December 09, 2011

In memory of Benoit Mandelbrot

A tribute to Benoit Mandelbrot (20 November 1924 - 14 October 2010) - a maverick of academia.

Thanks to Dark Flow for the music "Groggy Sunrise".

Planetarium proposal
Ken Hawthorn (at the Fujitsu Planetarium, De-Anza college in Cupertino, California) gave me the idea of projecting a Mandelbrot zoom in a planetarium. Inspired by Dr. Mandelbrot's death last year, I attempted to create a high definition rendering of a Mandelbrot zoom that could be appreciated by those who have never seen it before and could be projected in a Planetarium setting. Synchronization of zoom events against appropriate music is one key element. Planetarium operators are welcome to contact me to use this material gratis via Creative Commons license.

Final zoom location:
max iterations=10,000,000

Render tech
Each frame was individually rendered at 1080x1080 resolution (1080p) and strung together at 30 frames per second. Sidebands were added for compatibility with standard 1920x1080 resolution. No frame interpolation was used. All images were lovingly rendered by 12 CPU cores running 24/7 for 7 months.


Vénos Verhydndrûm said...

What software do you use?

Orson Wang said...

I use Ultra Fractal for its multi-computer capability and frame-by-frame control. More casual users might prefer Fractal Extreme for its far efficient move rendering method.

julesruis said...

For more information about fractals, especially also 3D fractals, see:

Gunstick said...

How did you determine the coordinate to zoom in to? I guess at such high iteration value the mandelbrot set is quite uncharted land.

Orson Wang said...

I arrived at this coordinate through a lot of trial-and-error hunting through the Mandelbrot. Finding an interesting point takes almost as much time as rendering the video.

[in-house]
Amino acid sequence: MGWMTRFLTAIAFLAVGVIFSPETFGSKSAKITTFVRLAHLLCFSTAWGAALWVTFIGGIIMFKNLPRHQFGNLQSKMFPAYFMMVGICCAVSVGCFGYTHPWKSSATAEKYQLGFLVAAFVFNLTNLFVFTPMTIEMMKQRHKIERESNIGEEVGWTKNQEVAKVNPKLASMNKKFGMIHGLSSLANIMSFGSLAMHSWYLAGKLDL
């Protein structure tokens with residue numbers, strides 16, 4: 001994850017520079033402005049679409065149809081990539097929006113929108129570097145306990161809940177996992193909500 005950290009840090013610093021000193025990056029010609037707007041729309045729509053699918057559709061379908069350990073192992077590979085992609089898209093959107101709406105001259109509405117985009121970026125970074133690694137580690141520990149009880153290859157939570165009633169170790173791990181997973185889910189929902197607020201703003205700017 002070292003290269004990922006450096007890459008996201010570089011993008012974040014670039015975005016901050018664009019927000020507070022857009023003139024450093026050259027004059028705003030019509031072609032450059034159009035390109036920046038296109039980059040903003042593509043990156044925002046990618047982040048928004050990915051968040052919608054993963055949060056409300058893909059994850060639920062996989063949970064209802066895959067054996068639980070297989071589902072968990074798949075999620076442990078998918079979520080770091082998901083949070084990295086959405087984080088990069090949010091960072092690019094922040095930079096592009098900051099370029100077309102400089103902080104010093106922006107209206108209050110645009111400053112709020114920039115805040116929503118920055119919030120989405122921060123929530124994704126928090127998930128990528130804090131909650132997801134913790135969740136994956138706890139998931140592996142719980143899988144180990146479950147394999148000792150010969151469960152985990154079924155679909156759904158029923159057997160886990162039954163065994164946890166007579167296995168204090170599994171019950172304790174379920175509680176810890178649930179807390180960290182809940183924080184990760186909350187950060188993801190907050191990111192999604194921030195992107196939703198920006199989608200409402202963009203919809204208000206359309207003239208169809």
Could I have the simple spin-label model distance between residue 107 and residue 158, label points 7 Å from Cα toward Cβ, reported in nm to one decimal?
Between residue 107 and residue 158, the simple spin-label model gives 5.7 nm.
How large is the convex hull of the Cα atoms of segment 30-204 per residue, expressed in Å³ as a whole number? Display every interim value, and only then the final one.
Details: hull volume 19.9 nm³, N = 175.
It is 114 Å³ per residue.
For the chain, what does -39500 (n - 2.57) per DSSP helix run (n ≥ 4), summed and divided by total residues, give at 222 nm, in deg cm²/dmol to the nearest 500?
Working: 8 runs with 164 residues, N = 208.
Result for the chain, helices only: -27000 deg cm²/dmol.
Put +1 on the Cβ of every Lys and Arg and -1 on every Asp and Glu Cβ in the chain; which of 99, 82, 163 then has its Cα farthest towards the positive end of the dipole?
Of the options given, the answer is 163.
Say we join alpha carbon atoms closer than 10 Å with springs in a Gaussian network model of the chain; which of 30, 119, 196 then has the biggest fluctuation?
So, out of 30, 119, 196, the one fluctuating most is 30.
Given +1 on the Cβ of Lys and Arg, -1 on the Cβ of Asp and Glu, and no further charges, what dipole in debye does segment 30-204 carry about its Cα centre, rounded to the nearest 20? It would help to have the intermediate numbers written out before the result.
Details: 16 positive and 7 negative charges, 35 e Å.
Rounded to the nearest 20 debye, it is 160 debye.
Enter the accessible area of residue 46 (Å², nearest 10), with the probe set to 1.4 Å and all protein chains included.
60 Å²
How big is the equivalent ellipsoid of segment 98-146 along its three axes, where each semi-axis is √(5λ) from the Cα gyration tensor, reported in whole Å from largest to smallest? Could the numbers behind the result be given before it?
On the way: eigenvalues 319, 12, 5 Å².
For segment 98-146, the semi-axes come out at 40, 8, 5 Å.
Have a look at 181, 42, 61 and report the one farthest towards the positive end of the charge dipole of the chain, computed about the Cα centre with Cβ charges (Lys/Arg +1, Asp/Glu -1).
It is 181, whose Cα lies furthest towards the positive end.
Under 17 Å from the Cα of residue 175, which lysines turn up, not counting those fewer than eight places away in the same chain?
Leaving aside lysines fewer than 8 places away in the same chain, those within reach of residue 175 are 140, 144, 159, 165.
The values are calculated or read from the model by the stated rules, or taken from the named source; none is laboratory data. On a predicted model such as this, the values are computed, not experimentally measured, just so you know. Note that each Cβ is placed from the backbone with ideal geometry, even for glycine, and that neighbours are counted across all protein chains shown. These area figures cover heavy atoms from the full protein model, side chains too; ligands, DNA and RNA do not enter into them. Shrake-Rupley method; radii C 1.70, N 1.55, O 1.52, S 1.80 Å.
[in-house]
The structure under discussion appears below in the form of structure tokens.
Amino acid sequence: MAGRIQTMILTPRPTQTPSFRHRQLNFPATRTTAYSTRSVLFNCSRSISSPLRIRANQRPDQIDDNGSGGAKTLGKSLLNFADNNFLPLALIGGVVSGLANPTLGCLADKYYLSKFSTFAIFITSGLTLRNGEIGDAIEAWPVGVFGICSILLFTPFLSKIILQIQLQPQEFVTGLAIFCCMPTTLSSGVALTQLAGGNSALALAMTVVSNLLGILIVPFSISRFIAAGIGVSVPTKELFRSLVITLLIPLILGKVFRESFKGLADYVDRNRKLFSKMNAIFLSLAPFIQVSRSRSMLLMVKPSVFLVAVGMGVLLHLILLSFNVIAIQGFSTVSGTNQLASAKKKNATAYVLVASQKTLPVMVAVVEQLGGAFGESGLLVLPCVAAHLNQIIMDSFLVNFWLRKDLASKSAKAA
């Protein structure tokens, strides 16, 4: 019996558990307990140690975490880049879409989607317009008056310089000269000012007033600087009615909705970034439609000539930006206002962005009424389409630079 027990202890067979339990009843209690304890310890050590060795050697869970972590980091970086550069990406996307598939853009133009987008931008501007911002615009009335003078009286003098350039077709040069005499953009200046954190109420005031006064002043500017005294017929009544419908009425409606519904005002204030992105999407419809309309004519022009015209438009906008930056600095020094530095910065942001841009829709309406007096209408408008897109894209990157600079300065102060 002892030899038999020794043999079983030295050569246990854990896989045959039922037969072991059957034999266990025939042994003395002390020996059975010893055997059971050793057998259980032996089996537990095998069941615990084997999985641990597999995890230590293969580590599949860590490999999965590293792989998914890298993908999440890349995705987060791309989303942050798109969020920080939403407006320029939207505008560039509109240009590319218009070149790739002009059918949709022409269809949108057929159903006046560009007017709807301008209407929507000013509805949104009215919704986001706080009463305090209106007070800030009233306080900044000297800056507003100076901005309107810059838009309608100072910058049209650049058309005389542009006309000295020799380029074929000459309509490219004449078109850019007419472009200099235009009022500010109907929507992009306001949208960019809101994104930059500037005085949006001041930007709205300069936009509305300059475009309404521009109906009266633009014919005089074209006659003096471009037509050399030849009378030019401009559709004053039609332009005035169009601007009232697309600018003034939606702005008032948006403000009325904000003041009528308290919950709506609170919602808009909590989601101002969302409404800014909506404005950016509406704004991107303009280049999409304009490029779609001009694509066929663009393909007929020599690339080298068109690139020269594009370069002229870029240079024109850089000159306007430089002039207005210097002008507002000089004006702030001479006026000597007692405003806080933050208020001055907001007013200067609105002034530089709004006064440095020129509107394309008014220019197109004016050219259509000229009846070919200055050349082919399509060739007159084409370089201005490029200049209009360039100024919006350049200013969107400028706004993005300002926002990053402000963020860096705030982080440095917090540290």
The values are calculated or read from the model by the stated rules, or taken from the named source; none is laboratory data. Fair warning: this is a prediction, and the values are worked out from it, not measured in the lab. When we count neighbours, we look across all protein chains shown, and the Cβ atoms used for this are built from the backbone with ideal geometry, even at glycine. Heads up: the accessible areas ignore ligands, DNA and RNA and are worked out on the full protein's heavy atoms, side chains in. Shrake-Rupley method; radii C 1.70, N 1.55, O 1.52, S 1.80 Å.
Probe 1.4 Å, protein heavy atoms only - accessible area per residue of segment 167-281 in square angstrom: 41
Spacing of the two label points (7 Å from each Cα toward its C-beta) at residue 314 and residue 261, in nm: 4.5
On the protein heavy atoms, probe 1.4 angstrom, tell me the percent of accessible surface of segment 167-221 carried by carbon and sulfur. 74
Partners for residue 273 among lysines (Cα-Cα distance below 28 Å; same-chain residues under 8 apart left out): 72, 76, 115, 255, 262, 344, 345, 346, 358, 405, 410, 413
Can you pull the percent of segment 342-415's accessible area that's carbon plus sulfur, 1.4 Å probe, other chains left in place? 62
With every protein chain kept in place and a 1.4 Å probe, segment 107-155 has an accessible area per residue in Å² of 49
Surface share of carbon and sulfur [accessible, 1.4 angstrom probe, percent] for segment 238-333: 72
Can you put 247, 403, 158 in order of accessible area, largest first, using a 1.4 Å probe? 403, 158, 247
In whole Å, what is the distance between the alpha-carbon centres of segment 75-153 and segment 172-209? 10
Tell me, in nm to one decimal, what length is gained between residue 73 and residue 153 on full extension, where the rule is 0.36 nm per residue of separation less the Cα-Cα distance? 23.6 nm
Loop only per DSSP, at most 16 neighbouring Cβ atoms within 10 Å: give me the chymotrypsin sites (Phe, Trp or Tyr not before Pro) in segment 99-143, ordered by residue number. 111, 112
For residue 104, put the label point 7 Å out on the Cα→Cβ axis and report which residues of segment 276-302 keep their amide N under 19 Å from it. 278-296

djcj said...

No download version?

Ben Zealley said...

What djcj said. The Youtube page promised a full resolution version! It makes me cry to see 1080p video being screwed to death by Youtube...

Anonymous said...

With Perturbation and Series Approximation this zoom sequence can now be rendered within hours - on an ordinary laptop!
Thanks to K.I.Martin for inventing and sharing his SuperFractalThing method!
For a free and fast C++ implementation go to Kalles Fraktaler

makeyourownmandelbrot said...

A blog about the Mandelbrot set accompanying an ebook designed for school-level readers - it'll take you from basic arithmetic, through the idea of iteration, give a very gentle introduction to complex numbers, and hold your hand through coding your own Mandelbrot and Julia sets.

Comments welcome on both the blog and the ebook (published soon) - the aim is to maximise understanding and I believe anyone with school maths can do it.

Karan Johar said...

Hi i found this information very useful for me.Here is another site which is providing the related information Animated explainer video.

MakeYourOwn Mandelbrot said...

The easy to understand guide to making your own Mandelebrot (using Python) is out:

As ever, feedbac via google+ or is welcome!

shipping agencies in egypt said...

Ultra Fractal is good

Ari Okkonen said...

Fantastic journey with nice colours! (I waited hours in 80's for my 80186 calculate one image in selected area.) I would like to see some indication of current view magnitude counting down in the side bar.

P. Michael Hutchins said...

As I asked at, I think:

How did you represent the coordinates so that you didn't get epsilon swamped by z - in (epsilon + z)?

I ran into that while mapping the closest "apfelman"s (I called them "M"s) near (-2, 0).

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